25 October 2010

Anish Kapoor

A few Sundays ago David and I braved a drizzly grey day and a pair of horrific hangovers to see the four new Anish Kapoor sculptures in Kensington Gardens.

This is the first:

This was definitely the most interactive of them all (you can see me and David in the middle-ish with umbrellas and unecessary sunglasses), but I found myself getting rather annoyed at a snooty middle-class mother who was trying to appear provocative and arty, but just came across as really tedious. She was with her two children who were enjoying themselves trying to make their reflections upside down and so forth and she spewed something along the line of "now, how does this compare with what we saw yesterday?" after no response (because they were having too much fun) she answered for them: "well, that was very much an exhibition of found artworks, and these are commissioned works that allow you to find yourselves." Silly cow, I'm all for trying to engage children with art, but rather than being provocative, she was being pompous- and interfereing with their experience; they had managed to engage physically with the artwork very well without her prompting them to be "deep". She should have just let them enjoy it and then afterwards on the journey home, asked more of a leading question such as "so, what did you think about it?" or the much underrated: "did you like it?"

This was my least favourite of them, once again I got rather annoyed that the experience was being interfered with. They had guards at this one to stop you from getting too close, which is fine, though a rope would have done. And the guards would come up to you and tell you to view it from a distance so that you could see the peak reflected in the bottom, which was very interesting but I prefer to discover these things for myself. One of them kept saying "people think the point is to try and see your own reflection but it's actually to try and see the reflection of the peak"- FINE, but let people discover it for themselves- if they want to see their faces bloody let them.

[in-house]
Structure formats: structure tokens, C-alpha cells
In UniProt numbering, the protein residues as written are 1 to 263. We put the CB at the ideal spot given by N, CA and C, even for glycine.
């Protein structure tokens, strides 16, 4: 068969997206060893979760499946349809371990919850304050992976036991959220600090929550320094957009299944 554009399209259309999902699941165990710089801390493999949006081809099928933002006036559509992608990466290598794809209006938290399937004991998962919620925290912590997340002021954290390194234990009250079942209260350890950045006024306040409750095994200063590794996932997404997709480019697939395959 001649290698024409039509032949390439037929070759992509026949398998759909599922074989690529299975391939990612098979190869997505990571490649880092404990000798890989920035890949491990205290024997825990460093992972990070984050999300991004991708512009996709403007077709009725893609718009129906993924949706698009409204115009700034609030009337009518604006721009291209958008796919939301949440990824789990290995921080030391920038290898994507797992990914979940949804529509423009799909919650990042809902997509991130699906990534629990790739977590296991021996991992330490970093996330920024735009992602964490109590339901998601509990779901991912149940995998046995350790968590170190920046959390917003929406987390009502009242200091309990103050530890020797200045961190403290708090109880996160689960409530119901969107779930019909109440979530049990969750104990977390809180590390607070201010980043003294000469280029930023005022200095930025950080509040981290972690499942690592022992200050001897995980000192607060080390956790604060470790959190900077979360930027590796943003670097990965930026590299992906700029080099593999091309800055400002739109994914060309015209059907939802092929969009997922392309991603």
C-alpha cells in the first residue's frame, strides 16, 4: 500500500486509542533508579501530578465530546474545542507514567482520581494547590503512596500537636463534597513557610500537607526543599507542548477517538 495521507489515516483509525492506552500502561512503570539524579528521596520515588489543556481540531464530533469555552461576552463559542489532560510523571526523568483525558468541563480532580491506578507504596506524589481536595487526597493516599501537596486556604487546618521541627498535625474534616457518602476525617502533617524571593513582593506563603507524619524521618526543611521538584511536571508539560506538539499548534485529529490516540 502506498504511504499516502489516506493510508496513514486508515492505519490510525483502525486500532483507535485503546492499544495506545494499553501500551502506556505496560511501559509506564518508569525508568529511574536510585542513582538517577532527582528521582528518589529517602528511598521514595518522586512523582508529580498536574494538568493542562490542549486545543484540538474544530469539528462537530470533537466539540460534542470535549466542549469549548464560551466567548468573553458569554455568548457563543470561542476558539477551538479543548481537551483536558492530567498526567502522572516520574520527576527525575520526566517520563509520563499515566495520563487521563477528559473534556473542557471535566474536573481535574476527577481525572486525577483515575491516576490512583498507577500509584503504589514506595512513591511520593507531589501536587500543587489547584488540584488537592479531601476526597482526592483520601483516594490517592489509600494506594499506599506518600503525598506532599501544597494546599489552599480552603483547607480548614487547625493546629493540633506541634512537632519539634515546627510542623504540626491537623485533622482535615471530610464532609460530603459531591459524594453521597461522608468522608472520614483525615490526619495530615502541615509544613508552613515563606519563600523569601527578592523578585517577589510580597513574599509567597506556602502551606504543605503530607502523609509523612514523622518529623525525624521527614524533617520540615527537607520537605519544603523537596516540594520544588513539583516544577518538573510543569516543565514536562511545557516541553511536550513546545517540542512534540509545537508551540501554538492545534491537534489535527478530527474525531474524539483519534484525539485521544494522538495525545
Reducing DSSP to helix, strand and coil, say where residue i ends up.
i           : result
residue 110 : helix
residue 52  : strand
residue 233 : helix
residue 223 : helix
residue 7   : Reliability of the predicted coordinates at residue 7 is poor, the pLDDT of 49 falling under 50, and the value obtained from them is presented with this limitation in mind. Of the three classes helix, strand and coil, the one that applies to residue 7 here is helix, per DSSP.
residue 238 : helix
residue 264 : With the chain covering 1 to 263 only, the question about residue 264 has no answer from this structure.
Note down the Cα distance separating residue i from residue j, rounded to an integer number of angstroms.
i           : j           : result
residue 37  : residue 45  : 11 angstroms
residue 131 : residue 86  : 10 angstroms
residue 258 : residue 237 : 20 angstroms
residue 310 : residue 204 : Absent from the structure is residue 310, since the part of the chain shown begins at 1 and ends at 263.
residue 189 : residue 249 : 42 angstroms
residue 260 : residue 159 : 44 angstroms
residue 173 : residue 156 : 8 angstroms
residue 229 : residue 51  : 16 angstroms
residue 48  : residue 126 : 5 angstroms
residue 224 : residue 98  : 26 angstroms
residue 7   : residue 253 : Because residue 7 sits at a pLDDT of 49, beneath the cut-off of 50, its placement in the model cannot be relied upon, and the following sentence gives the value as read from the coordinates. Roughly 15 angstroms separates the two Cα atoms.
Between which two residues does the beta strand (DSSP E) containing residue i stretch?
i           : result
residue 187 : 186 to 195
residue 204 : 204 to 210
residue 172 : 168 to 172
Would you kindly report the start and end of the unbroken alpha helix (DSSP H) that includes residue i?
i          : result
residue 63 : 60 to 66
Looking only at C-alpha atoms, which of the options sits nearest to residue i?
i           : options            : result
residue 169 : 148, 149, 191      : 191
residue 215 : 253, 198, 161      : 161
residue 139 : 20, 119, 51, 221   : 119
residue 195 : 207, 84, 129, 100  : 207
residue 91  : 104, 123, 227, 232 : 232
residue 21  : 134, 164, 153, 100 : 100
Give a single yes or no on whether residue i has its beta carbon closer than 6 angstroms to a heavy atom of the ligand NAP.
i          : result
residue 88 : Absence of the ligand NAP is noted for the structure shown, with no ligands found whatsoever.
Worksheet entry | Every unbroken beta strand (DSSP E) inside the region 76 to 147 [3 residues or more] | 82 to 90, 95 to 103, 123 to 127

Well, luckily the next two you were allowed to interpret in your own way. This red one, from a distance, looked quite ugly, but it quickly became the boldest and most powerful for me. (Possibly helped by the appearance of a swan).

This was the final one, and this was as close as you could get. I'd love to go back and see it on a clearer day, or at least on a day when the sky is a bit more interesting.

It was a nice day out, and definitely worth a look- I just don't get that public art can be policed. Not only physically, but also having your experience interfered with and being told how to approach it. I found it very annoying. David found it funny how annoyed I was- pretty much the story of my life.


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